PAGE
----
Two substantial donations have enabled the Kitimat General Hospital Foundation (KGHF) to successfully conclude its fundraising campaign for a CT Scanner.
During the foundation’s annual gala on Sept. 23, the Max Lange Foundation pledged $500,000 to the project, while LNG Canada surprised attendees with a contribution of an additional $900,000. This welcomed announcement followed Northern Health’s confirmation just two days prior to include the Kitimat General Hospital as part of the health authority’s medical Imaging Strategy. Coupled with the financial support from residents and businesses, KGHF has onw met the financial requirements necessary for the CT scanner purchase, valued at about $1.3 million plus a suite of vital accessory equipment.
The generosity of both the Max Lange Foundation and LNG Canada comes with the stipulation that the CT scan must be installed and operational within the next 18 months.
In response, Northern Health’s health service administrator, Jonathan Cooper, said a business case is already being prepared for the necessary hospital renovations to accommodate the new equipment.
Cynthia Medeiros, executive director for the hospital foundation, said there is evidence doctors have declined positions at the hospital because they don’t feel “safe” diagnosing some patients without a CT scanner. Use of the device at Terrace’s Mills Memorial Hospital is also an inadequate compromise, as patient transfer is dependent on a number of issues, including road conditions, ambulance availability and patient mobility.
With the money now in place, the only hurdle left to clear is Northern Health’s follow through on the renovations before the 18-month deadline.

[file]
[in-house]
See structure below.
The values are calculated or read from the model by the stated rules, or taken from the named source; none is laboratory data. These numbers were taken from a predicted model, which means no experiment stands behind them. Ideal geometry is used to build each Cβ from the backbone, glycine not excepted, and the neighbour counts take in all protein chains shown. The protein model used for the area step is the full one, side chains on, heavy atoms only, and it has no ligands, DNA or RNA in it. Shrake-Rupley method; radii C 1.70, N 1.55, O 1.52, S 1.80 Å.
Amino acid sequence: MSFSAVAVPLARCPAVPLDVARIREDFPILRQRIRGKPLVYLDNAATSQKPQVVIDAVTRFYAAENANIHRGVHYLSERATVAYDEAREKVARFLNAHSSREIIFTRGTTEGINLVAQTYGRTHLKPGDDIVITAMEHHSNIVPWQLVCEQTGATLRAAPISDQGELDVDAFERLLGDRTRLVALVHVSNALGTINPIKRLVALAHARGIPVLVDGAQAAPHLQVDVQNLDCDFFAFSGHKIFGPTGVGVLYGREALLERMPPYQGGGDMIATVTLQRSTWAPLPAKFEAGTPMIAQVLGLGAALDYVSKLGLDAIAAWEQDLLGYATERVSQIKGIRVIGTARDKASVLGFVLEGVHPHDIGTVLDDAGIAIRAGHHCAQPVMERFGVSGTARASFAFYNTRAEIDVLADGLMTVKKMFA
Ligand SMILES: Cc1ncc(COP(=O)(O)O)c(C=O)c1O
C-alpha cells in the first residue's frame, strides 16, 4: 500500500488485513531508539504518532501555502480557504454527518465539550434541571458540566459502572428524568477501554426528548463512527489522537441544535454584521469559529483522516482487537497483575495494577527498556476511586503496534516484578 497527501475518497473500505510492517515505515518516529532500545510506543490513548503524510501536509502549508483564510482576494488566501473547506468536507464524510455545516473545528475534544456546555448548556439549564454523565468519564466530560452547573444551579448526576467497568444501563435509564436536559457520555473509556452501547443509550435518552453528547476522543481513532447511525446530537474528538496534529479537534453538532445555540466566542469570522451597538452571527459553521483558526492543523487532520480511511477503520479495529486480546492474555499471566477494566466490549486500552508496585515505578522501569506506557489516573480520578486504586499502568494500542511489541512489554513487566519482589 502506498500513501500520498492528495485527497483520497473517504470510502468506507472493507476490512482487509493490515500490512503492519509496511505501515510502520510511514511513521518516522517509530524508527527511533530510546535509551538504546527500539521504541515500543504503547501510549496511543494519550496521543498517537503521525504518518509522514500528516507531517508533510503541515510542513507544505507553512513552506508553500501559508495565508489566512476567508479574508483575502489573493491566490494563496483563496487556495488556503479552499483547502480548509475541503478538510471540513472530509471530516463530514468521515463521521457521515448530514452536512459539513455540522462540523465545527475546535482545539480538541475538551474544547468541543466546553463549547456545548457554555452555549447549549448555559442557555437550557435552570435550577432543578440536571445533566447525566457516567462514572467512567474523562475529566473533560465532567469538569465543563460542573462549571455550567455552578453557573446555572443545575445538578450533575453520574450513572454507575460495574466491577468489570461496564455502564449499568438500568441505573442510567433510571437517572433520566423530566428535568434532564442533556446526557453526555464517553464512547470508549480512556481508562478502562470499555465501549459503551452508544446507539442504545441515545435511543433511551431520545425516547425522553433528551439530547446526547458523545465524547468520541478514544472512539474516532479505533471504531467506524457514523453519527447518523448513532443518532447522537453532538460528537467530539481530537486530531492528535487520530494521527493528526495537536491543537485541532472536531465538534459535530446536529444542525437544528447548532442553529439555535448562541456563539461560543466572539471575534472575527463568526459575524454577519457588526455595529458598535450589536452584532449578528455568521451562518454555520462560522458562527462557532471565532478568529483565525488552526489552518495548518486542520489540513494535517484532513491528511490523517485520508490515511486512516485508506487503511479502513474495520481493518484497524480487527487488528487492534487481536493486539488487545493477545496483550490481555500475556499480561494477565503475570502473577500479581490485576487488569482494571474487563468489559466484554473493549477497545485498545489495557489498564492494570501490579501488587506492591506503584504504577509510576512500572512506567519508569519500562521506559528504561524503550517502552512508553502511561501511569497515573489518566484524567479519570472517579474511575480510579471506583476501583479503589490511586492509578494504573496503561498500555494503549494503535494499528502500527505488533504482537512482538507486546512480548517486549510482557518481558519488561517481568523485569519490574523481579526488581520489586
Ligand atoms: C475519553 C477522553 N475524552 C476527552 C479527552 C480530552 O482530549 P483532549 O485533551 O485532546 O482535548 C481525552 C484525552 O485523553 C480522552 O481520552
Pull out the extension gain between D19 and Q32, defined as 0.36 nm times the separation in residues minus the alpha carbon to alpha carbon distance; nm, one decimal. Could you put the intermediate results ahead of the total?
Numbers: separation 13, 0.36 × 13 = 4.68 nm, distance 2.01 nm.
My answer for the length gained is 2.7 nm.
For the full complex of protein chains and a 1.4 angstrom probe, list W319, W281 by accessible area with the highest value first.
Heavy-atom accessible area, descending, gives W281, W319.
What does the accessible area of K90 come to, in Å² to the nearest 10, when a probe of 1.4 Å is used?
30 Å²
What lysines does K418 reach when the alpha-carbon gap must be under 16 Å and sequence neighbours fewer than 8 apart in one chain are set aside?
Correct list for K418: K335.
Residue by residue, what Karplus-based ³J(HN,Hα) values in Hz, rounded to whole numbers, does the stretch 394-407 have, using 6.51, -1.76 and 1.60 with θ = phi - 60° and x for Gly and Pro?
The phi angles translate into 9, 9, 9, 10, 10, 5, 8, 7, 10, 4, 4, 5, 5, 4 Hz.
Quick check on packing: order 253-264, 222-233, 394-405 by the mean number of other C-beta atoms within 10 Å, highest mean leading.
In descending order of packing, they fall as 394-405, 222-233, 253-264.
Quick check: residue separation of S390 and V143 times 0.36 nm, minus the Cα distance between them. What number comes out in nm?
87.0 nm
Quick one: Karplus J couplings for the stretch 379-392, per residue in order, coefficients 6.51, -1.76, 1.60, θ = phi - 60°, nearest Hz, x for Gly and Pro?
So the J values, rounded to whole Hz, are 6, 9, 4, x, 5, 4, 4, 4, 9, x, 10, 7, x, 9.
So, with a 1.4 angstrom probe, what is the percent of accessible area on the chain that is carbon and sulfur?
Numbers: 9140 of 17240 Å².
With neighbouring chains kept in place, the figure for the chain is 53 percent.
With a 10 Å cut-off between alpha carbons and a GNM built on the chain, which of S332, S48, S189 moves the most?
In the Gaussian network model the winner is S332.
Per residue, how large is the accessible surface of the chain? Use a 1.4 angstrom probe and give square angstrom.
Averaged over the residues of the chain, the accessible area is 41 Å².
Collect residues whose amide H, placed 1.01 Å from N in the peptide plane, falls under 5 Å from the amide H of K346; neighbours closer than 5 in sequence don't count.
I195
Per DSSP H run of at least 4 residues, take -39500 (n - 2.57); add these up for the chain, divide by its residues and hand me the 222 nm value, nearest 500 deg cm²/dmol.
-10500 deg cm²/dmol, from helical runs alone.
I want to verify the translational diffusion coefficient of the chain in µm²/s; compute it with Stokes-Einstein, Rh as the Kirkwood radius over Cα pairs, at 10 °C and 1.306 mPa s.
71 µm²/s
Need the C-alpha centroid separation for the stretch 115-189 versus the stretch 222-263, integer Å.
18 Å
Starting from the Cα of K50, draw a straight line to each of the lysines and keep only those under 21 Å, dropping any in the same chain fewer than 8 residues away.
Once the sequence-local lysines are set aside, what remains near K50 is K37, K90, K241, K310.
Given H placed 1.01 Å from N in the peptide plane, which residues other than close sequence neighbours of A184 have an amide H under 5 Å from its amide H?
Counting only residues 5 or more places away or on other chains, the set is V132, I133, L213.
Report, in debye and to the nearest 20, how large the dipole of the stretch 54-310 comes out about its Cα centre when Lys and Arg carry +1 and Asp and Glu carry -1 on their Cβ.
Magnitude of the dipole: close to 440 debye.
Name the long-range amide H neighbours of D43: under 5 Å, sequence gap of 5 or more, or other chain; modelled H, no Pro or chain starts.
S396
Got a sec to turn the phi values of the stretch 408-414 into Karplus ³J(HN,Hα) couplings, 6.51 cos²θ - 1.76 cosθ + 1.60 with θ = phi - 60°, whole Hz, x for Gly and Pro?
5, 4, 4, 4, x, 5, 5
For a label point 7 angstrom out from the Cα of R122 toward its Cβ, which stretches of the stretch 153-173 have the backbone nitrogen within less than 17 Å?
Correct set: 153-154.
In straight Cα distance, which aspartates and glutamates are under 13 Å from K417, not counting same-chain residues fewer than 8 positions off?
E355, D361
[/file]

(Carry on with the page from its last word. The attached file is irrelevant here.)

“We already have a very strong digital imaging department who know how to operate the CT; we already have a space reserved for the CT. All we need now is the renovations to be able to install it.”
Medeiros emphasized that purchases of top-of-the-line equipment like the CT scan more than improves healthcare for Kitimatians, but also creates an environment that attracts and retains the best healthcare professionals.
Overall, the gala raised $1.6 million toward 20 projects spearheaded by the KGHF, ranging from the acquisition of advanced medical equipment, enhancements to hospital facilities, and support for healthcare professionals.
Jason Klein, LNG Canada’s Chief Executive Officer, expressed his company’s commitment to strengthening local infrastructure and enhancing community welfare. “Raising funds for this critical new medical equipment is something LNG Canada has been proud to support, and we applaud the Kitimat General Hospital Foundation, the Max Lange Foundation, community members, and our industry neighbors and colleagues for their combined efforts in the fulfillment of a significant fundraising goal.”
Meanwhile, organizers described the event as a” beacon of hope and ambition,” uniting community leaders, healthcare professionals, and compassionate individuals whose donations are a testament to the support for healthcare providers and first responders.
“We extend our deepest gratitude to every single person that donated to the foundation, purchased a ticket or a table, donated an auction item or gave of their time so generously,” Laurel D’Andrea, KGHF president said. “Their contributions have enabled us to celebrate our heroes and advance healthcare services in Kitimat.”